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Crime in the Suites An Analysis of Current Issues in White Collar Defense

A Blog About Current Issues in White Collar Defense

On September 7, 2022, the Brooklyn district attorney’s office announced its request to vacate nearly 400 convictions, dating back to 1999, that were founded on testimony provided by officers who were later found guilty of crimes committed while on duty. Among the 13 officers’ crimes are murder, planting drugs, taking sex bribes, civil liberties violations, and perjury—crimes that called “into question the integrity of every arrest the officers made,” according to Brooklyn District Attorney Eric Gonzalez. The Conviction Review Unit (“CRU”) in Gonzalez’s office spent 10 months reviewing every Brooklyn conviction in which the 13 former officers were involved. The Unit flagged for dismissal every case in which one of the officers served as the primary witness, although it declined to flag around 100 convictions that stemmed from other corroborating evidence in support of the officer’s testimony. The 378 convictions at issue in the DA’s request include 47 felonies and 331 misdemeanors, most of which were low-level drug and traffic... Read more

This week the Second Circuit Court of Appeals issued a stinging reminder about the need for precision in the case of U.S. v. Pikus, No. 20-3080 (2d Cir. 2022). Aleksander Pikus was one of four defendants charged with money laundering conspiracy and related offenses for bilking Medicare and Medicaid through false billings. The scheme featured… Read More

Michigan’s High Profile Boomerang
April 21, 2022

Michigan’s High Profile Boomerang

By: James Trusty

About one month before the 2020 election, the Department of Justice proudly announced their disruption of a scheme to kidnap Michigan Governor Gretchen Whitmer. Six men were arrested and referred to as “violent extremists.” Gov. Whitmer’s surrogates indicated that the blame was not fully on the gnarly bearded men whose pictures dominated newscasts around the… Read More

Modern Day Ceasar Faces Brutal End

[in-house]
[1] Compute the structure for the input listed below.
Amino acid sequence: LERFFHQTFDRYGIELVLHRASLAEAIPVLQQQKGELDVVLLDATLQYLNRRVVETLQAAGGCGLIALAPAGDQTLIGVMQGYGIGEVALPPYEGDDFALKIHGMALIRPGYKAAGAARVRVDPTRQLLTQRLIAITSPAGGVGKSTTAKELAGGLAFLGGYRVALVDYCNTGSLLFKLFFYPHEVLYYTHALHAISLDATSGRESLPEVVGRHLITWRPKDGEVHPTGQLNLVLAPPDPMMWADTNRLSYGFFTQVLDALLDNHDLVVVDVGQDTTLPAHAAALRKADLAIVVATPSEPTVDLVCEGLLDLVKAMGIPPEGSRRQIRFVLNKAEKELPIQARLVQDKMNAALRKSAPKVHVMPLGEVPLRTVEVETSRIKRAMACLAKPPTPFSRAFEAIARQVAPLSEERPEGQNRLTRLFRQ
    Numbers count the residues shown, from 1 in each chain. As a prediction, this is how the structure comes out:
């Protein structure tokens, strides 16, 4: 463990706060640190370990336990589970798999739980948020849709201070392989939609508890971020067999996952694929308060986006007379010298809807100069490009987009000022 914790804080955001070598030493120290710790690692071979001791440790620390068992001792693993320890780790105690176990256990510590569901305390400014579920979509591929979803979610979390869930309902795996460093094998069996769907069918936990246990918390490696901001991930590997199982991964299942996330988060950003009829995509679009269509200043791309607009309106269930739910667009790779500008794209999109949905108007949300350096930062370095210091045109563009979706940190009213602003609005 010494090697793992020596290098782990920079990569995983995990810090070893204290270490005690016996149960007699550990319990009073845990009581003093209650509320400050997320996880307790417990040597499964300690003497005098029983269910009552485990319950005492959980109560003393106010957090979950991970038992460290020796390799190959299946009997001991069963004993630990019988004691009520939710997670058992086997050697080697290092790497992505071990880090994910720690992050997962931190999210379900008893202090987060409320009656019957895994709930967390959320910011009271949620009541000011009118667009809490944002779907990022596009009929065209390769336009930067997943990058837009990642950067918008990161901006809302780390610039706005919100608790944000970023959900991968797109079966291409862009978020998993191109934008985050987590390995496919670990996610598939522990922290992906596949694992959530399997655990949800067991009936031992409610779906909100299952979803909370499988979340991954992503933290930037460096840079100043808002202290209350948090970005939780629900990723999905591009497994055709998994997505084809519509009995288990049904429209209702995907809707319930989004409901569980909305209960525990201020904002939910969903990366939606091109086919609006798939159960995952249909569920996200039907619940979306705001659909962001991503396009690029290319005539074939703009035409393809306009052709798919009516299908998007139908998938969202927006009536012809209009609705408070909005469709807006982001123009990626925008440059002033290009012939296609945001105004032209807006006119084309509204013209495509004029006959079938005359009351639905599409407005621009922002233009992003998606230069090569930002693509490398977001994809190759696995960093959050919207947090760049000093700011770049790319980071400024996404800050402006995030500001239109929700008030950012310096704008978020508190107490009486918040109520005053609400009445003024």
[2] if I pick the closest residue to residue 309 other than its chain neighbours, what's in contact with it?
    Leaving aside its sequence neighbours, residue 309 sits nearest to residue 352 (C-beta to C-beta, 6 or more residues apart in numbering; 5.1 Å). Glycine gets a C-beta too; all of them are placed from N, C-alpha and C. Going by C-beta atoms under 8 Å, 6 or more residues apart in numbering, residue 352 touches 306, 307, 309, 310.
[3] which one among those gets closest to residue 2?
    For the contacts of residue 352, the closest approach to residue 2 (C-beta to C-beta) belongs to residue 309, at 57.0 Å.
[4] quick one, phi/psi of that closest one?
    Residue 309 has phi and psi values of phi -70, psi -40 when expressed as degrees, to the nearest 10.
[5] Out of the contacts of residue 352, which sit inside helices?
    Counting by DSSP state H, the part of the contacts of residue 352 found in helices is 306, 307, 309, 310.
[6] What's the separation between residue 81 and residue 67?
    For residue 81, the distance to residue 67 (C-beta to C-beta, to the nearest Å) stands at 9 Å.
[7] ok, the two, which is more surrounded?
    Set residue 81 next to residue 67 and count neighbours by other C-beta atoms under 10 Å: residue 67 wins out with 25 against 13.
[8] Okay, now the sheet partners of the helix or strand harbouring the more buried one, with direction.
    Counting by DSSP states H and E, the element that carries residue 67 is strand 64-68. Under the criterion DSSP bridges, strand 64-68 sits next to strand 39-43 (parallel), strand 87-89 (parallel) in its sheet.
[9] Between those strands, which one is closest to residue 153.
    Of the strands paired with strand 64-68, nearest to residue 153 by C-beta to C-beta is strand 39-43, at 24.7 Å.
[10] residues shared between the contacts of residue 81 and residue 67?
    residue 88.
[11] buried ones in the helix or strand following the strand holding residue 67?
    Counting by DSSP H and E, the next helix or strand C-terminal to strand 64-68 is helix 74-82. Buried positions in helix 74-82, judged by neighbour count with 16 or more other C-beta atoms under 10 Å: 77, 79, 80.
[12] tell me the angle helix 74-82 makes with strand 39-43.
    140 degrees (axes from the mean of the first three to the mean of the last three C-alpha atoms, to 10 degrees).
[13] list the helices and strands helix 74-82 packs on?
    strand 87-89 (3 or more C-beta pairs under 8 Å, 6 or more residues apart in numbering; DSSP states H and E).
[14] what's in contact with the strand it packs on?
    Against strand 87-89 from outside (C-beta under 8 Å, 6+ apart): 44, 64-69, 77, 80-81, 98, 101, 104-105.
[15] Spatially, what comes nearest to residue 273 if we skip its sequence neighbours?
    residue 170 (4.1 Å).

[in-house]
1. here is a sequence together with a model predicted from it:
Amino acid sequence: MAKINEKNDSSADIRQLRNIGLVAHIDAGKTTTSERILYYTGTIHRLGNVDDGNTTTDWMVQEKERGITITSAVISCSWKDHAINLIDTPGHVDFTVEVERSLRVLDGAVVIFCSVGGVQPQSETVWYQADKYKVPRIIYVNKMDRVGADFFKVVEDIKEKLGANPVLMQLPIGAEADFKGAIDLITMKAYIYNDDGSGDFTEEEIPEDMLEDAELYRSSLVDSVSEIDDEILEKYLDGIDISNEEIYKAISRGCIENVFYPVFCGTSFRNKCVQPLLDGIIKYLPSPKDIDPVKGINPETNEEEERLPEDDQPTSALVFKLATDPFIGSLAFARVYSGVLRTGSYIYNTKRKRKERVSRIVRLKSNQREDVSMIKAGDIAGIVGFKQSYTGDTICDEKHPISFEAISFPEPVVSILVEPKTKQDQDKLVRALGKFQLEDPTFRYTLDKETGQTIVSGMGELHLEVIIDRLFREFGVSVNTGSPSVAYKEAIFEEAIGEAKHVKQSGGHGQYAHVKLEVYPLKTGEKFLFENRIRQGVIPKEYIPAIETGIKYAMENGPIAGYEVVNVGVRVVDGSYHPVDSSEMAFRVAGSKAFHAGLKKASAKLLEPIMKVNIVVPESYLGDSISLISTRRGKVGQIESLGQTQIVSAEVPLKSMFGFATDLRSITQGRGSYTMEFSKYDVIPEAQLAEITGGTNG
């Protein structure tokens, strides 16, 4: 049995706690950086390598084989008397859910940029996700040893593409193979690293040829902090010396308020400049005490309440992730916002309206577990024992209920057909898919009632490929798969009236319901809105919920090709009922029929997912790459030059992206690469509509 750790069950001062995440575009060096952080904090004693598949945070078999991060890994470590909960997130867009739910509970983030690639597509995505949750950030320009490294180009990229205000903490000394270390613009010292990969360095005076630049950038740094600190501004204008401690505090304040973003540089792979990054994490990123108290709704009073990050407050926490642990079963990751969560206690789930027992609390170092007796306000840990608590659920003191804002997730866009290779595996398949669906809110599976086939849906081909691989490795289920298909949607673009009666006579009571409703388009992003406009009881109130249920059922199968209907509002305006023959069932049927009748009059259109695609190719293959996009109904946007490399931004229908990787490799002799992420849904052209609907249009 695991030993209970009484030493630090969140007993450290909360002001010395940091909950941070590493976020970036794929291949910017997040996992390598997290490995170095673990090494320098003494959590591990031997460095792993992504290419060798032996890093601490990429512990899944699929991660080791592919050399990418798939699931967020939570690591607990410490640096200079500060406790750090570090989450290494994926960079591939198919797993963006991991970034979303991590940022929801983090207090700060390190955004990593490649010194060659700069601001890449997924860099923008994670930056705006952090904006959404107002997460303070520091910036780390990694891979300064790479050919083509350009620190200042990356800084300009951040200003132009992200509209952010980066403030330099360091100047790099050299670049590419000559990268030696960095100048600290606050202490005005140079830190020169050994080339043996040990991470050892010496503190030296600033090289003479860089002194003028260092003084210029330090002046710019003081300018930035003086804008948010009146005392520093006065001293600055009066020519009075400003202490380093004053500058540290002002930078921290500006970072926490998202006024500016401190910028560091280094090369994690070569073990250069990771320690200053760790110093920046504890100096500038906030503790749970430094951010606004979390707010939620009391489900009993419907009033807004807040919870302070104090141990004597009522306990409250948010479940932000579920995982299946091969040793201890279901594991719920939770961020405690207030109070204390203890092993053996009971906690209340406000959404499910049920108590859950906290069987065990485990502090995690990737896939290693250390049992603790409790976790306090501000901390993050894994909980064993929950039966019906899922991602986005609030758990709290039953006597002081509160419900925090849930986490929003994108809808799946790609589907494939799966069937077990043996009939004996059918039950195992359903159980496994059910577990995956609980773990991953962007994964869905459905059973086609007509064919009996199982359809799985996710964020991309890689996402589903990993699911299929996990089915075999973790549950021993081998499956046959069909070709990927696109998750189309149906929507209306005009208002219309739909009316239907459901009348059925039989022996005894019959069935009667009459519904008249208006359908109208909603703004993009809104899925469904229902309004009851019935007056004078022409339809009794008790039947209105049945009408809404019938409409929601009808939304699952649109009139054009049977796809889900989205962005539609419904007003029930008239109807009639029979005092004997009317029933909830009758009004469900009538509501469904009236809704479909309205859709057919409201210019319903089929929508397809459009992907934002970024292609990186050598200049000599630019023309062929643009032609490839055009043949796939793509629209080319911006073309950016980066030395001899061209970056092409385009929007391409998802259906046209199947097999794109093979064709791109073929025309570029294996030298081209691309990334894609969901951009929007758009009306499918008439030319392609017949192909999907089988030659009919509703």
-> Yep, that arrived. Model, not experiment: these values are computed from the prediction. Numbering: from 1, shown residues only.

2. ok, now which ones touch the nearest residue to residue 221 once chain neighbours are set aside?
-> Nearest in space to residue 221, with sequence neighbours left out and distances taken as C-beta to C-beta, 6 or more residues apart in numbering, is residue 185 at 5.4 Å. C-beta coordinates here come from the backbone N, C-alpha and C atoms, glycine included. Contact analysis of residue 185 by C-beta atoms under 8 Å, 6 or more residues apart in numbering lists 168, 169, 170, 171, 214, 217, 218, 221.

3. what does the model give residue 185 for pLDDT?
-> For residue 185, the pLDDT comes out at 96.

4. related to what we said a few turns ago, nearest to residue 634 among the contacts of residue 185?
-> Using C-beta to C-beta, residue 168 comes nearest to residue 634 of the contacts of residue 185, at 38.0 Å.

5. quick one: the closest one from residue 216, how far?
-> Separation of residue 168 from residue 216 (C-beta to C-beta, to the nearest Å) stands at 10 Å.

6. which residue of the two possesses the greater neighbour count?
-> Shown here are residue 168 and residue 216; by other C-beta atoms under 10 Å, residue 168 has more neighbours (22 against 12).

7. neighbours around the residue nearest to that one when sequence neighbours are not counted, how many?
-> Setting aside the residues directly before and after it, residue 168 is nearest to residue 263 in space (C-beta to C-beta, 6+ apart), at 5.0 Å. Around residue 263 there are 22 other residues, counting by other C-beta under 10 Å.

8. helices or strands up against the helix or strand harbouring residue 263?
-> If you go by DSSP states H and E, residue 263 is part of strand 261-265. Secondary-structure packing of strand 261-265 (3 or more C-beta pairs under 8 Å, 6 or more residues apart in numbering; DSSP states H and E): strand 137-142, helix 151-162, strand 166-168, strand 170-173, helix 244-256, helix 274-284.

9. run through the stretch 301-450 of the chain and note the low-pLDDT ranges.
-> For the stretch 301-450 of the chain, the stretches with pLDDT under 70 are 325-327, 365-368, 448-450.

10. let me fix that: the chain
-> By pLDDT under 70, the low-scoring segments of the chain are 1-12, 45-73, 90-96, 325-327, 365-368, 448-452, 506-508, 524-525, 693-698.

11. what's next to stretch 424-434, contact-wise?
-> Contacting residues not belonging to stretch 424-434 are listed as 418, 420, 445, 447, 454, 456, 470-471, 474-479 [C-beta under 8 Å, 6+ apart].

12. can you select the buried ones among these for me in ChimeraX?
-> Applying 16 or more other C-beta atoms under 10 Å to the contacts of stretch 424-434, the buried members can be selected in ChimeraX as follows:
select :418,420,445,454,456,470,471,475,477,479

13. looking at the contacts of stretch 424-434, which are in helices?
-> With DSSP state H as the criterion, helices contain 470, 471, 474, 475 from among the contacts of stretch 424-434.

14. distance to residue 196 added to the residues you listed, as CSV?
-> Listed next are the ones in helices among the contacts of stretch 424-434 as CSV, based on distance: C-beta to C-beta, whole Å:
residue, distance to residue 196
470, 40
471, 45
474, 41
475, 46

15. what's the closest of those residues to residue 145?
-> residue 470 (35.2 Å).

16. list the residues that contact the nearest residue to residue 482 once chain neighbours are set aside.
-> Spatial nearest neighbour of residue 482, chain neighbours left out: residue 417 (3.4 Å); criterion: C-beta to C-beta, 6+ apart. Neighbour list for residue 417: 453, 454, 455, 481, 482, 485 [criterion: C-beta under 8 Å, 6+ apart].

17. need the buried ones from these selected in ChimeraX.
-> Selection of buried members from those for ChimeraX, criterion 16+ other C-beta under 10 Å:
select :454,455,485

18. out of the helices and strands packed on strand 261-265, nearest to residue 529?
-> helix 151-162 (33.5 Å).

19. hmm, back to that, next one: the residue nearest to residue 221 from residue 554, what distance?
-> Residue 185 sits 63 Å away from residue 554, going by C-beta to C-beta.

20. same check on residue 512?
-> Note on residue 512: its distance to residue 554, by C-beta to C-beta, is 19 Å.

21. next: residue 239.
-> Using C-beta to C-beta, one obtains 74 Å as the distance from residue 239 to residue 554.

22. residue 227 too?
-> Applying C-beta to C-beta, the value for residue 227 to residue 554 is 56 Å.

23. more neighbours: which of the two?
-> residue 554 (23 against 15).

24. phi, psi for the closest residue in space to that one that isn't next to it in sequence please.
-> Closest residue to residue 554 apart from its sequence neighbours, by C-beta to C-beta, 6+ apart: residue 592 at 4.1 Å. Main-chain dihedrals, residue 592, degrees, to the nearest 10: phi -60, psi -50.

August 23, 2021

Modern Day Ceasar Faces Brutal End

By: James Trusty

Last week’s Second Circuit Court of Appeals opinion in U.S. v. Sinmayah Ceasar, 2021 WL 3640387 (2nd Cir. Aug. 18, 2021) provides some insight into the challenging area of defining a “reasonable” sentence and ascertaining the circumstances when appellate courts might overturn a judge’s sentencing decision for being “unreasonably” lenient. The case against Ceasar was… Read More

Time to Face the (Hidden) Music
August 2, 2021

Time to Face the (Hidden) Music

By: James Trusty

A Texas man named Guy Reffitt has found himself at the edge of the new legal frontier, a place where privacy rights and encrypted technology face aggressive prosecutors willing to push for their strongest criminal case. This Guy did not bring a lot of sympathy to the legal battle—he is alleged to have traveled from… Read More

Last Independence Day, there was a big firework show at Mt. Rushmore, the first one since 2009. President Trump joined Governor Kristi Noem, and the show was well-attended by South Dakotans and tourists alike. Governor Noem liked it so much that she put in for a permit this year, only to be rejected by the… Read More

This article was originally published on FoxNews.com on May 16th, 2021. Department of Justice priorities obviously can change with new administrations, and history shows this with regularity. Attorney General Robert F. Kennedy was greatly concerned with the Mafia’s activities, and John Ashcroft wanted more obscenity and pornography prosecutions. Generally, the subject matter emphasis pops up and… Read More

When Double Jeopardy Means No Jeopardy
March 25, 2021

When Double Jeopardy Means No Jeopardy

By: James Trusty

In March of 2019, on the afternoon in which Paul Manafort was sentenced to 7 ½ years in prison by the U.S. District Court in Washington, D.C., New York County District Attorney Cyrus Vance unveiled an indictment against Manafort for mortgage fraud and similar state offenses. As rumors had begun to swirl that President Trump… Read More

In the eyes of federal investigators, when is a payment processor considered a benevolent alternative to traditional banks, and when is it viewed as a shady facilitator of all things criminal?  In other words, is the client another Paypal or Venmo, or are we looking at a potential WireCard AG prosecution? We have noticed in… Read More

Going…Going…Ghosn
May 22, 2020

Going…Going…Ghosn

By: James Trusty

While much of the focus on the Japanese prosecution of high-profile executive Carlos Ghosn has been on his spectacular private jet escape from Japan while hidden in an instruments case, his prosecution actually raises much more profound issues about white collar criminal prosecution in Japan and in the United States. Ghosn is an indisputably talented… Read More